Traditional instruments have clear boundaries. They may play in unison, combining to produce a new timbre; they may combine harmonically or contrapuntally. But each performer is in control of the sound produced by his instrument and is the sole determiner of the notes he will play and when he will play them. In contrast, with "virtual instruments" (controllers) like the Radio Drum and controller-instrument hybrids like the Zeta Violin, the traditional boundaries between performers can become like permeable membranes. As a simple example, the violinist's glissando can change the pitch of notes produced by the percussionist and the percussionist can control the loudness of the electric violin sound. This situation is analogous to the humorous trick performed by bluegrass bands in which the guitarist reaches his left arm around the banjo player and plays the chords of the banjo while the banjo player does the picking, and at the same time, the banjo player reaches his left arm around the guitarist's back and plays the chords for his instrument.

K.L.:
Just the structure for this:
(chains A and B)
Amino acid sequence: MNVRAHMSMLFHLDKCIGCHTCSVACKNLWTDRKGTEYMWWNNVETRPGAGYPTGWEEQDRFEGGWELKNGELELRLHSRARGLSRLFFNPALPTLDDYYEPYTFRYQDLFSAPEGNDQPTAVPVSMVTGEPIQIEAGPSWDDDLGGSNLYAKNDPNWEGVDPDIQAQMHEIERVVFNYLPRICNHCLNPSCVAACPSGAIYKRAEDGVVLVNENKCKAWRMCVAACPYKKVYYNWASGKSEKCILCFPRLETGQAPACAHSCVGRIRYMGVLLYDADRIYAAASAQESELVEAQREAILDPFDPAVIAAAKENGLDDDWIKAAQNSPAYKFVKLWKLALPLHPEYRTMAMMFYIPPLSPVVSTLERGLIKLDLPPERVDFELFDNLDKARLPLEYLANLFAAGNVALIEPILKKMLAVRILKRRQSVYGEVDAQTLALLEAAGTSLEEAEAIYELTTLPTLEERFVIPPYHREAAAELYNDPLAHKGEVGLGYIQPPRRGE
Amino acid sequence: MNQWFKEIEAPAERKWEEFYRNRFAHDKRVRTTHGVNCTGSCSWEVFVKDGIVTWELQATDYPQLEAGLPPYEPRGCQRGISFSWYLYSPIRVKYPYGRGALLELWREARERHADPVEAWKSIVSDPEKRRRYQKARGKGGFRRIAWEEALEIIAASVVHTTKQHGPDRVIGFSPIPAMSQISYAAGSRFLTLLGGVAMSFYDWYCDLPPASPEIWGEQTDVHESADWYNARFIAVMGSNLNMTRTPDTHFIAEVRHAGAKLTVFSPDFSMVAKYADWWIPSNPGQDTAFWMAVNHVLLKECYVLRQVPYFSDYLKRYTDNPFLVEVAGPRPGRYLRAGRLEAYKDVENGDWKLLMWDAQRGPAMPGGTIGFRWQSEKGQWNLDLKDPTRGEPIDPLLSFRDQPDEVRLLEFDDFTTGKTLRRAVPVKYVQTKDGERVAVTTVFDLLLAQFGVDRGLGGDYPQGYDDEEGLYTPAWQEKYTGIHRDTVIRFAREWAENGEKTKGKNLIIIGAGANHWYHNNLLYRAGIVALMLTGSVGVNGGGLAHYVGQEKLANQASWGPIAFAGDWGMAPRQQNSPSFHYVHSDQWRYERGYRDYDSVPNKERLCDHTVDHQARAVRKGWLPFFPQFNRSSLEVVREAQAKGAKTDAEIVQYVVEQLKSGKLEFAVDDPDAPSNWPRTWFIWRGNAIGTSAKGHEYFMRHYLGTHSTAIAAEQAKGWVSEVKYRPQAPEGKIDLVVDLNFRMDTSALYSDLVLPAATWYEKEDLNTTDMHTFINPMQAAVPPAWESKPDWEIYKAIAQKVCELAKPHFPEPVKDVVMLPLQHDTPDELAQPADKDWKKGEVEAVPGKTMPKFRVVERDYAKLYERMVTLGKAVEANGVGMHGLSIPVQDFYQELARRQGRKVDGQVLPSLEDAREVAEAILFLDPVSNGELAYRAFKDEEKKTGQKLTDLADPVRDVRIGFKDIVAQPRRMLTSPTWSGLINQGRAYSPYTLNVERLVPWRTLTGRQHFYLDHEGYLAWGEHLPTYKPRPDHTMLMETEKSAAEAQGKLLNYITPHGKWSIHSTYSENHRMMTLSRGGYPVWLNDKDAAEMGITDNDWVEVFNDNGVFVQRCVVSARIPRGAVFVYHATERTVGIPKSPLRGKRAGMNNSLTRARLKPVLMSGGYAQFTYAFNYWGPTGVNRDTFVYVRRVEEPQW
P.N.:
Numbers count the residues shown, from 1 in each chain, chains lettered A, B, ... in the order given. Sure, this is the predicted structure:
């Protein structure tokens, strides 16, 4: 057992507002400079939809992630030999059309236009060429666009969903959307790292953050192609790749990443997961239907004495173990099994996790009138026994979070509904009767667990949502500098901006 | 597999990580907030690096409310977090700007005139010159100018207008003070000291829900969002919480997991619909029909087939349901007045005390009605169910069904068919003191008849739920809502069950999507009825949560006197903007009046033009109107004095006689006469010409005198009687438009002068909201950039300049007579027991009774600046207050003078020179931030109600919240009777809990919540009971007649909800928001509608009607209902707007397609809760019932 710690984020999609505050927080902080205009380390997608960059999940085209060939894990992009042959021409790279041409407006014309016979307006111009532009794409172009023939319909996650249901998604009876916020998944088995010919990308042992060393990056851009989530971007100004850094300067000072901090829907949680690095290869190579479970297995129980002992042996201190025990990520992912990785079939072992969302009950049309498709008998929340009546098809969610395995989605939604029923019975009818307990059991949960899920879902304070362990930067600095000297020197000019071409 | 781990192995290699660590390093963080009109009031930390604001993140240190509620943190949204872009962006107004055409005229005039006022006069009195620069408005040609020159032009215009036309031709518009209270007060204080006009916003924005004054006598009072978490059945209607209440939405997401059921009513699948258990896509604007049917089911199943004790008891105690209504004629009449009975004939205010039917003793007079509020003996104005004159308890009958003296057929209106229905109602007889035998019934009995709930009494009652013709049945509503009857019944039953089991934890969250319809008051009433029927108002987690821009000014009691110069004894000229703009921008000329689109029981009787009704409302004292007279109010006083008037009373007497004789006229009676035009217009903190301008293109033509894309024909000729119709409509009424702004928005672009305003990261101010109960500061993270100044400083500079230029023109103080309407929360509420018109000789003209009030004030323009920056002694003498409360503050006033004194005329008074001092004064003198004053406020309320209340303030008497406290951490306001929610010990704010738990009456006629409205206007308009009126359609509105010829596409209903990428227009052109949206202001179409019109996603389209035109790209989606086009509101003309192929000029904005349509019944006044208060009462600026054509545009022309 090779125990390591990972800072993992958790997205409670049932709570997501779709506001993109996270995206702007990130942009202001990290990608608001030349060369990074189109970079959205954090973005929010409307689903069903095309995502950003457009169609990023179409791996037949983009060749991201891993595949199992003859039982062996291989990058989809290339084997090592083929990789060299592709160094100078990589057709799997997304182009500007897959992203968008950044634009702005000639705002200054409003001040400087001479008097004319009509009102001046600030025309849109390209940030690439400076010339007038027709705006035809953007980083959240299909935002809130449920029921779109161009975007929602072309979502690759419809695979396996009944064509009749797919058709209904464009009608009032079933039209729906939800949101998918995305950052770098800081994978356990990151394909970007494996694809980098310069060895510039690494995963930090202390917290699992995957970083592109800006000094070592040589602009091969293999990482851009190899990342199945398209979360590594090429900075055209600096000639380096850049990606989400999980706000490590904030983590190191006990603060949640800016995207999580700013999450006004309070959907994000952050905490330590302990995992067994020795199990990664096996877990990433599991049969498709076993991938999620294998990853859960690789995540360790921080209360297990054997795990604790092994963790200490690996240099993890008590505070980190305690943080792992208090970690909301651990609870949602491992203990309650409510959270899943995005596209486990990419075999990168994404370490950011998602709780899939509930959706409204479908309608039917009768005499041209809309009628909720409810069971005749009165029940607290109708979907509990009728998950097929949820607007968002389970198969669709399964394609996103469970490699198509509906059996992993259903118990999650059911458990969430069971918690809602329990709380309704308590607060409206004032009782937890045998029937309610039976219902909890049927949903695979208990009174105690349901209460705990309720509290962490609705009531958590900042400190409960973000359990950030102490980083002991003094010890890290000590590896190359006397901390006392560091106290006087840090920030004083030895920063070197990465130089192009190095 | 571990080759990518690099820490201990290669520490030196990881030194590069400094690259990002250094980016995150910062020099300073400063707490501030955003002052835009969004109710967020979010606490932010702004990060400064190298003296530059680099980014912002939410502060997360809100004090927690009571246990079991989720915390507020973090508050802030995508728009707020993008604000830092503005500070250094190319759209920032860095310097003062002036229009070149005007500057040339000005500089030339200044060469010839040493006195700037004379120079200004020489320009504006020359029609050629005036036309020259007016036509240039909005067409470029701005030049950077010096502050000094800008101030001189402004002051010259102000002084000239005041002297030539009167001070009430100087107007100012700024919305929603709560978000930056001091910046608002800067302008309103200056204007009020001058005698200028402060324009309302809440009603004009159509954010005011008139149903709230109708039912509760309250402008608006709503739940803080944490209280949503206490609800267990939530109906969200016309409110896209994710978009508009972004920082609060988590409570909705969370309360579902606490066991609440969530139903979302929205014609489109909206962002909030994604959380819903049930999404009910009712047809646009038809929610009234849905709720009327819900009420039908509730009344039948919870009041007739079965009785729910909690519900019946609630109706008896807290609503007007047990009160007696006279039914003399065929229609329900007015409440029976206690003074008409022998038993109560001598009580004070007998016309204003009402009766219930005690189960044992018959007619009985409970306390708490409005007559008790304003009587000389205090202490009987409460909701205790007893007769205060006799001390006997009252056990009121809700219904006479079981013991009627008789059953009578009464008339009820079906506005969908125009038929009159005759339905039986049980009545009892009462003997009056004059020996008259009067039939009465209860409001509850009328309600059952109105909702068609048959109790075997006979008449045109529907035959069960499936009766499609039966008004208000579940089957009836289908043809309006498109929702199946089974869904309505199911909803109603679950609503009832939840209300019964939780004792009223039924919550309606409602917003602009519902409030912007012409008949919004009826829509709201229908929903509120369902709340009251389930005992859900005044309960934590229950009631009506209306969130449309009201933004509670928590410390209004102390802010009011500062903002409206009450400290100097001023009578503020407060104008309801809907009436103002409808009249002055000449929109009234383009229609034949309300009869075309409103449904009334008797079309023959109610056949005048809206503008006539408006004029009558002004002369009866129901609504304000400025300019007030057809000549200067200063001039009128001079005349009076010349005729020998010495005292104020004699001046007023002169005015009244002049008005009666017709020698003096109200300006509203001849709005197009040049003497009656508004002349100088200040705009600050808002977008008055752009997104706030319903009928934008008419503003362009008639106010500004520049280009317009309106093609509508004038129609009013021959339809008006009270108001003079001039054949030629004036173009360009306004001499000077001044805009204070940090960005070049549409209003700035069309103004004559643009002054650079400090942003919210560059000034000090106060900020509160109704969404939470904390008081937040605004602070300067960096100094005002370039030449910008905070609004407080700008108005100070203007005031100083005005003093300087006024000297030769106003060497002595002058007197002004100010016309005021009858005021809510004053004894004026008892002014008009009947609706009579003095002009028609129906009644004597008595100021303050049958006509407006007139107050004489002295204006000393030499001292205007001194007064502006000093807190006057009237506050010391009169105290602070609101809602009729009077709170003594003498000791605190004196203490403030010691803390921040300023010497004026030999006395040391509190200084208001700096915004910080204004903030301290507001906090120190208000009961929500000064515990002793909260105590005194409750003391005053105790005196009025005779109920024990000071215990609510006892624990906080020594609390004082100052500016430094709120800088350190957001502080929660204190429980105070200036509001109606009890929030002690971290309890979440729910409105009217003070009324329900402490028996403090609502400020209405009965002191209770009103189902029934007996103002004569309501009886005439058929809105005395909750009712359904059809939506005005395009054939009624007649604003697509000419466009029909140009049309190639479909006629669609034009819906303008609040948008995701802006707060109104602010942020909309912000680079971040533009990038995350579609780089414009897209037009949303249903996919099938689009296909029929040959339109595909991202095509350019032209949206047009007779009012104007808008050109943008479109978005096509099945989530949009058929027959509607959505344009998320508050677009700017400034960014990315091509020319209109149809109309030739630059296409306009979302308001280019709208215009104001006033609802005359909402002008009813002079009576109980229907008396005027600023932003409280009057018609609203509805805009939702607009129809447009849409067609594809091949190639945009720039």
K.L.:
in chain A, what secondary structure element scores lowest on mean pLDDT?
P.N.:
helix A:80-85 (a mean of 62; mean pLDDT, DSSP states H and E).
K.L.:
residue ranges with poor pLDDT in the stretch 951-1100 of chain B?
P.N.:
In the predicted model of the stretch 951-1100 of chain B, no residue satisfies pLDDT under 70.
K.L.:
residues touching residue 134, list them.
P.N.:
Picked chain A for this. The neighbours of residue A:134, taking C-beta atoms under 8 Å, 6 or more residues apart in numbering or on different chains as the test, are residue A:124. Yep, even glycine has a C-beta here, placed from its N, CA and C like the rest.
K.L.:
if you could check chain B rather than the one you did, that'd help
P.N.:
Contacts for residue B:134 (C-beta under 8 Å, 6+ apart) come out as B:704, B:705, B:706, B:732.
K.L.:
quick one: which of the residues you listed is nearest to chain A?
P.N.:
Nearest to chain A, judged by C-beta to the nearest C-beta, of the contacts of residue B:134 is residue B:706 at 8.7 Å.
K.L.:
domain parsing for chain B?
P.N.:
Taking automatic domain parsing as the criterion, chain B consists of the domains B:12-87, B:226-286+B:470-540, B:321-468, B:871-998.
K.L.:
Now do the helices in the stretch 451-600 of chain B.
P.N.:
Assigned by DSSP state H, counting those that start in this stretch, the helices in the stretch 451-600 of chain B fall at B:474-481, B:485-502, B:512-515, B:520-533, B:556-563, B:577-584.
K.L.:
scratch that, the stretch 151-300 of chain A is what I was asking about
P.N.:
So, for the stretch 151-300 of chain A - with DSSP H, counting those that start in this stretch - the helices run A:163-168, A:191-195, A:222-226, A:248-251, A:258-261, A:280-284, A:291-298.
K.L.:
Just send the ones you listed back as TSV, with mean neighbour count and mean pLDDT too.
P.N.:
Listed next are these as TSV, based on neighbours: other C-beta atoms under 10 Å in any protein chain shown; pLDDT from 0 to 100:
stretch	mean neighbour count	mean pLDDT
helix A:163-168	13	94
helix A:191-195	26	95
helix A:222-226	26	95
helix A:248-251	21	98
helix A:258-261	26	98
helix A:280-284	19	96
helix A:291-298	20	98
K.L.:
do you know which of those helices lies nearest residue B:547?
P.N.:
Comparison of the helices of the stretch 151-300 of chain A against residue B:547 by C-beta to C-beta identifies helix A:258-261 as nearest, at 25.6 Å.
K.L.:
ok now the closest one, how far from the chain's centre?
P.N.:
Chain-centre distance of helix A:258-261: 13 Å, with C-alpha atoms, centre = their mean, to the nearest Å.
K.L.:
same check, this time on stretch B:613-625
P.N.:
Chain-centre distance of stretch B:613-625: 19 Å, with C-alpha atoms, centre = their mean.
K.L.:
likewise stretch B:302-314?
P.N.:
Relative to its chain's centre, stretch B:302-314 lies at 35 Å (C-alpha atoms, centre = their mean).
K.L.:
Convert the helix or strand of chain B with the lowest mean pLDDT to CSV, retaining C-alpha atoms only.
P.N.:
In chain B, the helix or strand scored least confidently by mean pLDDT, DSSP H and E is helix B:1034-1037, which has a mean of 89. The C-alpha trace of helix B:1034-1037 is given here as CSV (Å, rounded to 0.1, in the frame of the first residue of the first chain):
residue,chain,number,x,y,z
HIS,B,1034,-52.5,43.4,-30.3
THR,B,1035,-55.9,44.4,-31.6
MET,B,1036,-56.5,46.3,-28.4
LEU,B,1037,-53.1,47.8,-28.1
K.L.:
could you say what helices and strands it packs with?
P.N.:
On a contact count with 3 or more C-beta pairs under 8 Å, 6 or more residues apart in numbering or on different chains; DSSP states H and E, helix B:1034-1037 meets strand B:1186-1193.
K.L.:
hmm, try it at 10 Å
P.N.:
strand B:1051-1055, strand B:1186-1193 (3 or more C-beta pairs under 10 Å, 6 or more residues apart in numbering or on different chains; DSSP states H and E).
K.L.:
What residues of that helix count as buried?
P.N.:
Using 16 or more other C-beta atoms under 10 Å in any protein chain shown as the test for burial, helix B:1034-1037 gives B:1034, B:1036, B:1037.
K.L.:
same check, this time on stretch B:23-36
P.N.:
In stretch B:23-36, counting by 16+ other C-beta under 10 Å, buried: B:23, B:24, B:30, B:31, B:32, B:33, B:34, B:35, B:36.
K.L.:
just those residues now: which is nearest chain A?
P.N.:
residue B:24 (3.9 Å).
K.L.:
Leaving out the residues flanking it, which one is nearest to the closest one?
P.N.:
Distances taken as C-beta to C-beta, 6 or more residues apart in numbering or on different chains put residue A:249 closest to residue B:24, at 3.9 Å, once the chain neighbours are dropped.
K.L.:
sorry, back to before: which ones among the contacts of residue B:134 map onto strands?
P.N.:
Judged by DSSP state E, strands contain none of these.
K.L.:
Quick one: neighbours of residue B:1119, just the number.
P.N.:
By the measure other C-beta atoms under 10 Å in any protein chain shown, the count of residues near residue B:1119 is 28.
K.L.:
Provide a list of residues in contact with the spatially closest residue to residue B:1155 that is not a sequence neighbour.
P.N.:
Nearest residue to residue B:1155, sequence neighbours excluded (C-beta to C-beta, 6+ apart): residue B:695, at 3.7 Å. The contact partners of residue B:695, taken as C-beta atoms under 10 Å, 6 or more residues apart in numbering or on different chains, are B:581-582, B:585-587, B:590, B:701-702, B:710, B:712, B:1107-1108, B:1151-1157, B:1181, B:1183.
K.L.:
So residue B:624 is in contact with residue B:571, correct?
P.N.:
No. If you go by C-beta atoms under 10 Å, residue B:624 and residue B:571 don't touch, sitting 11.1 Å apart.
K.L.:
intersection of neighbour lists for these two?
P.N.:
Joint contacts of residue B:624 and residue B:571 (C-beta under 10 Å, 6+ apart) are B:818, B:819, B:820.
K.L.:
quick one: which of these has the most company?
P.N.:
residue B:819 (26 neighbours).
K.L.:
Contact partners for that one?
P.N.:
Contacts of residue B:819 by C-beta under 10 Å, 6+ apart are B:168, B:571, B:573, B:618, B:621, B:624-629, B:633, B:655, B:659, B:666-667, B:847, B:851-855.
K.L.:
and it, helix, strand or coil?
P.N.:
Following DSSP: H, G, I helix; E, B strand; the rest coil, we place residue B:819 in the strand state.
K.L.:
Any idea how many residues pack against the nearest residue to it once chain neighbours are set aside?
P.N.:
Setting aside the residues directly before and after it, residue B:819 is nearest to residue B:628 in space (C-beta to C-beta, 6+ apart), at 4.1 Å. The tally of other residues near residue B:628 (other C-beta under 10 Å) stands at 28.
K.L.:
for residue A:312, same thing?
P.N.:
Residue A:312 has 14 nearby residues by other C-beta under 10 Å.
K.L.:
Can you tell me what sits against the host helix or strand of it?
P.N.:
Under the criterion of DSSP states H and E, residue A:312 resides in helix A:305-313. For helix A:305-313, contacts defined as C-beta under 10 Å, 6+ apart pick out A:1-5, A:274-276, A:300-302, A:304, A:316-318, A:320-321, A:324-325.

The crossing of boundaries can happen on a larger formal level as well. In the fifth movement, the percussionist plays arpeggiated consonant chords. The root of each chord can be specified by either the percussionist or the violinist. The violinist specifies the root by stepping on a pedal. The next note he plays sets the new root. If he uses the pedal only occasionally, the harmony changes slowly and is consonant. However, if he uses the pedal frequently, on every note for example, the effect is much more complex and dissonant. Since the percussionists' chords are transposed according to the octave of the violin note, the violinist also has control over the percussionist's range. At the same time, the percussionist has a similar pedal and can surprise the violinist by changing the harmony out from under him, but in a way intimately related to what the violinist has just played. Thus, the harmony emerges as a result of a complex improvisational interaction.
An Example In Detail